As the follow up of the workshop, in all our collaborative meetings, we allocate a good deal of our session to reflect on things we have done so far in order to give students the chance to be responsible for their own learning. We debate the possible meaningful and intentional actions that students may take in each unit. We also share our ideas about ways of documenting our progress. These sessions have helped us go deeper into agency, and make more connections with our teaching framework. Now, we look at agency as an opportunity to reinforce the implementation of inquiry-based education, constructivism, and a path to help our students reach their full potential as they grow physically, mentally and spiritually.
In our ongoing journey to foster agency, there were a few points which facilitated its implementation for us. Therefore, I decided to share our experience with you and encourage you to read the tips below. I hope they will help you promote students agency in your learning community, as well.
- Start with reading ‘Examining Learner Agency in your setting’.This will give you a clear view of where you and your students are standing right now. It also helps you understand that as an IB teacher you may have already set agency in motion without being aware of it. Questions like what is it that we believe about learners? How are learners actively responsible for their own learning? Or Where are students exercising their agency? Will help you set your mind on the areas where you and your students need working towards.
- Start small. Take some baby steps towards agency. Agency can be as small as gathering your students’ opinions in setting their classroom or it can be as broad as supporting them to plan, modify and discuss your lesson plan or unit. Starting with simple tasks will facilitate the process and will give you and your students the confidence to move on.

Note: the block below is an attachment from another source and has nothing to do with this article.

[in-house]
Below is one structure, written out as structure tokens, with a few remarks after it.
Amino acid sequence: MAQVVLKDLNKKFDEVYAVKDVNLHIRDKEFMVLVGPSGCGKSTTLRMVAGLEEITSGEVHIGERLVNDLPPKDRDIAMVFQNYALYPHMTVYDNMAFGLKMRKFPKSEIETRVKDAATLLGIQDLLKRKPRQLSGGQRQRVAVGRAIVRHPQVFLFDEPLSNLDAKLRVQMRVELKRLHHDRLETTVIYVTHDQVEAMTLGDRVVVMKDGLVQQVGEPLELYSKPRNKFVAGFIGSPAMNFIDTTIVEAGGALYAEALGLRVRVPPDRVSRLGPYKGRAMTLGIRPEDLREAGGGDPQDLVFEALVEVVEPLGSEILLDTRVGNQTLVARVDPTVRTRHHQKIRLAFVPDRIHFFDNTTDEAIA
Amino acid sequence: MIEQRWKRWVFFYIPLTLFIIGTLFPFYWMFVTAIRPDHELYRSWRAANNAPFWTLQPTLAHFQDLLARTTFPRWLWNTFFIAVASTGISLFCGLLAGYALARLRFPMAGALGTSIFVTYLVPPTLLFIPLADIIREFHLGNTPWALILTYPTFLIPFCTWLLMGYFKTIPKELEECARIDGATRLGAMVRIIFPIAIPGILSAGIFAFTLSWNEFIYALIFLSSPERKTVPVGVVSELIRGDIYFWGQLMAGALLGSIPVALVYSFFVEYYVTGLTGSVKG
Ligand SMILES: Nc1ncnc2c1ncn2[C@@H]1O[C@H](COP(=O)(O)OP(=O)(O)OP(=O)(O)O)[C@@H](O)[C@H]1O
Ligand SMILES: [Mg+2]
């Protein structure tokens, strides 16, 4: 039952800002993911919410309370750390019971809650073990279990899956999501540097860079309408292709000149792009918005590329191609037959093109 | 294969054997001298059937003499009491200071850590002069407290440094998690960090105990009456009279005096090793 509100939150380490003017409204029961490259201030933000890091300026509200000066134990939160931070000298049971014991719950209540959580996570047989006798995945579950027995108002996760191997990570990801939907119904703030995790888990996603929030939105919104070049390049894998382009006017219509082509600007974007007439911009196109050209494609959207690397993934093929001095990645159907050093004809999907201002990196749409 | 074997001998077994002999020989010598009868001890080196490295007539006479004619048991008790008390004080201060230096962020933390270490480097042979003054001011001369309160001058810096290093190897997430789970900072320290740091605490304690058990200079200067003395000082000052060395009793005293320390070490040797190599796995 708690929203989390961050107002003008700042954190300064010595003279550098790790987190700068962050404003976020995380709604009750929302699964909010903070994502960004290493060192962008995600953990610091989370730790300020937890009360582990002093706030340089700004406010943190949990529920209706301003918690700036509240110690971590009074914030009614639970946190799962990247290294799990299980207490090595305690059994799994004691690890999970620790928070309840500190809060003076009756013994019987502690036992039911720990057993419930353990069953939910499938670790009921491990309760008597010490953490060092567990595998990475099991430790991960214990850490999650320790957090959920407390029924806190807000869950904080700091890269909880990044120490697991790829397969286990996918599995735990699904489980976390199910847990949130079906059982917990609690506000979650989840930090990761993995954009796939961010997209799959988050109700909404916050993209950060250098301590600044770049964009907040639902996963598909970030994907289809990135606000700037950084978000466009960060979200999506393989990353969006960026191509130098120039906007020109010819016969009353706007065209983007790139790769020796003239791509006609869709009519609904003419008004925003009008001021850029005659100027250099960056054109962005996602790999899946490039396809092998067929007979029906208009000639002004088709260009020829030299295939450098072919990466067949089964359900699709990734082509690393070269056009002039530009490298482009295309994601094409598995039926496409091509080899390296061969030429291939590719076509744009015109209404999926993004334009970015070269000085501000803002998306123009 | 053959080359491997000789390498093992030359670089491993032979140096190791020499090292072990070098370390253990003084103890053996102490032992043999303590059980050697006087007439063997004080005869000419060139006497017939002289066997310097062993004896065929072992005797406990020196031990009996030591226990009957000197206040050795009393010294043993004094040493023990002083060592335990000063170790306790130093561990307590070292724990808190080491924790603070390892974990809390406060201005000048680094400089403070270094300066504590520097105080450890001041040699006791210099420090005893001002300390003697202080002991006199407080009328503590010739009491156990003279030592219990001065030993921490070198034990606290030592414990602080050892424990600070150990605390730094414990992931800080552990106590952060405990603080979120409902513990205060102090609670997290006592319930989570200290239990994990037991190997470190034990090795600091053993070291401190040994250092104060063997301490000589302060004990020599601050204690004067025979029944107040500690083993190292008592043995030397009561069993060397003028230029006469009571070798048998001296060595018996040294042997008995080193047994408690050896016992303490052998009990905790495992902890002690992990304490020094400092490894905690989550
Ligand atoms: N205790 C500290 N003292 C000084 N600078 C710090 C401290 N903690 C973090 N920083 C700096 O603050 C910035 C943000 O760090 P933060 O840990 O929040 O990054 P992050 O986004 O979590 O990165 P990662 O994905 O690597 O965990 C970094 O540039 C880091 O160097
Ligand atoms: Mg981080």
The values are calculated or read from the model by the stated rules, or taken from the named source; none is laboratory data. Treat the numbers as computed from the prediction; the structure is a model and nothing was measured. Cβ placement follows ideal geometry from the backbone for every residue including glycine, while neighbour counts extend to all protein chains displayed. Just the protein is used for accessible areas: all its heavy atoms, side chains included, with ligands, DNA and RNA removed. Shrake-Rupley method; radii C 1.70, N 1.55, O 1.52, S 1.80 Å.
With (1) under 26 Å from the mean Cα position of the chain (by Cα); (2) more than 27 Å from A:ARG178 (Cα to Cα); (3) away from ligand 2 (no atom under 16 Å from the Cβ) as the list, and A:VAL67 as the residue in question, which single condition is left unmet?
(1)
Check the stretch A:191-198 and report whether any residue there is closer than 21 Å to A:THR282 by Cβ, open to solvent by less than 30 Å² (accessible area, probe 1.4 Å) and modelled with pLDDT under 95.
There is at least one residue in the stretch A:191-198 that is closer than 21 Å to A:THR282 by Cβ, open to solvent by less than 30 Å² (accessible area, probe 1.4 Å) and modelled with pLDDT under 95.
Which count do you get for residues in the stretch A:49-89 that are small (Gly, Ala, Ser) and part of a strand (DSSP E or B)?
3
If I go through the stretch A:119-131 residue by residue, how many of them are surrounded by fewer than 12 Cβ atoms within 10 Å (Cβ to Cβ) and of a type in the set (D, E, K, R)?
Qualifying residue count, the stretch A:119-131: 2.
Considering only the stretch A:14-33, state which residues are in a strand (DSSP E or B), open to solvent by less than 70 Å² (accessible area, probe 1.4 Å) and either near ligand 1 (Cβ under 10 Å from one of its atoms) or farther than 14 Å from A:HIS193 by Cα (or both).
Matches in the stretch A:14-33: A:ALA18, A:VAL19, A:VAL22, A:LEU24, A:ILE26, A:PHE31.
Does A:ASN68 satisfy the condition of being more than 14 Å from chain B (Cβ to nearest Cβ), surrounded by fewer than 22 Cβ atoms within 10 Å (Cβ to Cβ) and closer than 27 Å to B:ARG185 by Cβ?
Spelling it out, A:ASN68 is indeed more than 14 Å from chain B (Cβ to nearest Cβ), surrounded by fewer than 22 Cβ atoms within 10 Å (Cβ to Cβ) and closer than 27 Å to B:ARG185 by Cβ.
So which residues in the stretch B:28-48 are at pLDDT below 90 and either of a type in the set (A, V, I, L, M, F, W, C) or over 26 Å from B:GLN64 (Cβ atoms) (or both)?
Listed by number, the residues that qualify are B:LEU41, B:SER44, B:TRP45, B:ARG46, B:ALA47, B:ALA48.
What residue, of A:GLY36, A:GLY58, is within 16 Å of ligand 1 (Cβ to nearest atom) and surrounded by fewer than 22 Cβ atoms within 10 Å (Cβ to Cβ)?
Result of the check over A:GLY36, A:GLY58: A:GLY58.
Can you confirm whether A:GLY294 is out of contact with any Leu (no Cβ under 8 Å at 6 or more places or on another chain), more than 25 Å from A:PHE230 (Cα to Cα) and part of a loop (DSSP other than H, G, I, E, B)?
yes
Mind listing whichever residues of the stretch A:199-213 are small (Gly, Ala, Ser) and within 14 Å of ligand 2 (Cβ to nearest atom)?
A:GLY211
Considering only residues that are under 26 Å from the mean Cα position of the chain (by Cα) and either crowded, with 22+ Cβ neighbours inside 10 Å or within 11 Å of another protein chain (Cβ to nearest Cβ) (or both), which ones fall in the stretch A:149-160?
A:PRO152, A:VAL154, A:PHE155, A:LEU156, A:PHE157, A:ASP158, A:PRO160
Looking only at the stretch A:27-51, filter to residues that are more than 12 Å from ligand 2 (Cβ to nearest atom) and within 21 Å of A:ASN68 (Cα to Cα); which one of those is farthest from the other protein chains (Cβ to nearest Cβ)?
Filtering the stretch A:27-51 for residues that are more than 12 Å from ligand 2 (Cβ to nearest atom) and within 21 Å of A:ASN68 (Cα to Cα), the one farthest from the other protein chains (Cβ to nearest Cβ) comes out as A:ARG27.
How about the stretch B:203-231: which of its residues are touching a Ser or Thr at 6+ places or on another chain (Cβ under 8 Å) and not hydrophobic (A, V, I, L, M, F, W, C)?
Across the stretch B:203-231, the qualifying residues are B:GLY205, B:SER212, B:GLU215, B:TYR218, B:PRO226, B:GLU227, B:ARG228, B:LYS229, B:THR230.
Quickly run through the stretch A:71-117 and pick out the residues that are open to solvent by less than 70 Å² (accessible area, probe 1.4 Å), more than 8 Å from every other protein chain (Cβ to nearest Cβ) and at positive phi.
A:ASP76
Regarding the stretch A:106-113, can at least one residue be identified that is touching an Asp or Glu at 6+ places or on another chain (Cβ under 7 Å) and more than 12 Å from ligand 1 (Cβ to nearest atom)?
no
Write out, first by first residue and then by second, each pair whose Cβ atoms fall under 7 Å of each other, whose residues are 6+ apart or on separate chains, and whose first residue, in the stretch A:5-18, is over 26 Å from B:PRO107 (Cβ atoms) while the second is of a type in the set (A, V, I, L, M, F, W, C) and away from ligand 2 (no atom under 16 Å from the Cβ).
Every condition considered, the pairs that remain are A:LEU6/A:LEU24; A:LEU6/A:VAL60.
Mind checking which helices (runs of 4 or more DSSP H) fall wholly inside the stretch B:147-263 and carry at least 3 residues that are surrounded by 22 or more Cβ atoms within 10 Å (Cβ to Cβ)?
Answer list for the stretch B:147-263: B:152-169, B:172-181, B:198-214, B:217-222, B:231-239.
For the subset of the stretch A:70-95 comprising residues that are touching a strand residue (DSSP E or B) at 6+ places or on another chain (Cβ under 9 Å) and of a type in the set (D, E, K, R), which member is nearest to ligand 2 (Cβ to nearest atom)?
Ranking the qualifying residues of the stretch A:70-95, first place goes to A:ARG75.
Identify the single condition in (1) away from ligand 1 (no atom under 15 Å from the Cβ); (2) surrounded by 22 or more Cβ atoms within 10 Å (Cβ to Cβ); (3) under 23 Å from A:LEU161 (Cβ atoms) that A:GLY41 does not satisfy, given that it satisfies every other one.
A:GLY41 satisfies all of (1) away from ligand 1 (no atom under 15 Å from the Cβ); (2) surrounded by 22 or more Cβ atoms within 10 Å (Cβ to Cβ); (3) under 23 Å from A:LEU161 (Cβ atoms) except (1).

- Ask other learning community members for support. The coordinator and principal can play a great role in paving the way for you through advocating for agency and there are also lots of PYP teachers who are willing to share their experience with you. Use the IB platform to get connected with them (Programme communities)
- Be a risk-taker and have faith in your students and in yourself. Don’t be scared of the results or the fact that your influence may be reduced. Your students’ creativity and their potential in leading their own learning will surprise you.
- Set goals. Try to set SMART* goals at the beginning of each theme with your students to engage your students cognitively and emotionally. Let them know that they can affect their learning process and that their voice and choice are important. Enjoy and celebrate each and every achievement with them.
- Remember, agency isn’t only for students. All the staff needs to be heard and engaged in the learning process. We require agency for our personal development as each of us is a unique asset to add to the learning community.
*SMART is an acronym that stands for specific, measurable, attainable, relevant, and time- bound goals. The idea was first introduced by George T. Doran in 1981.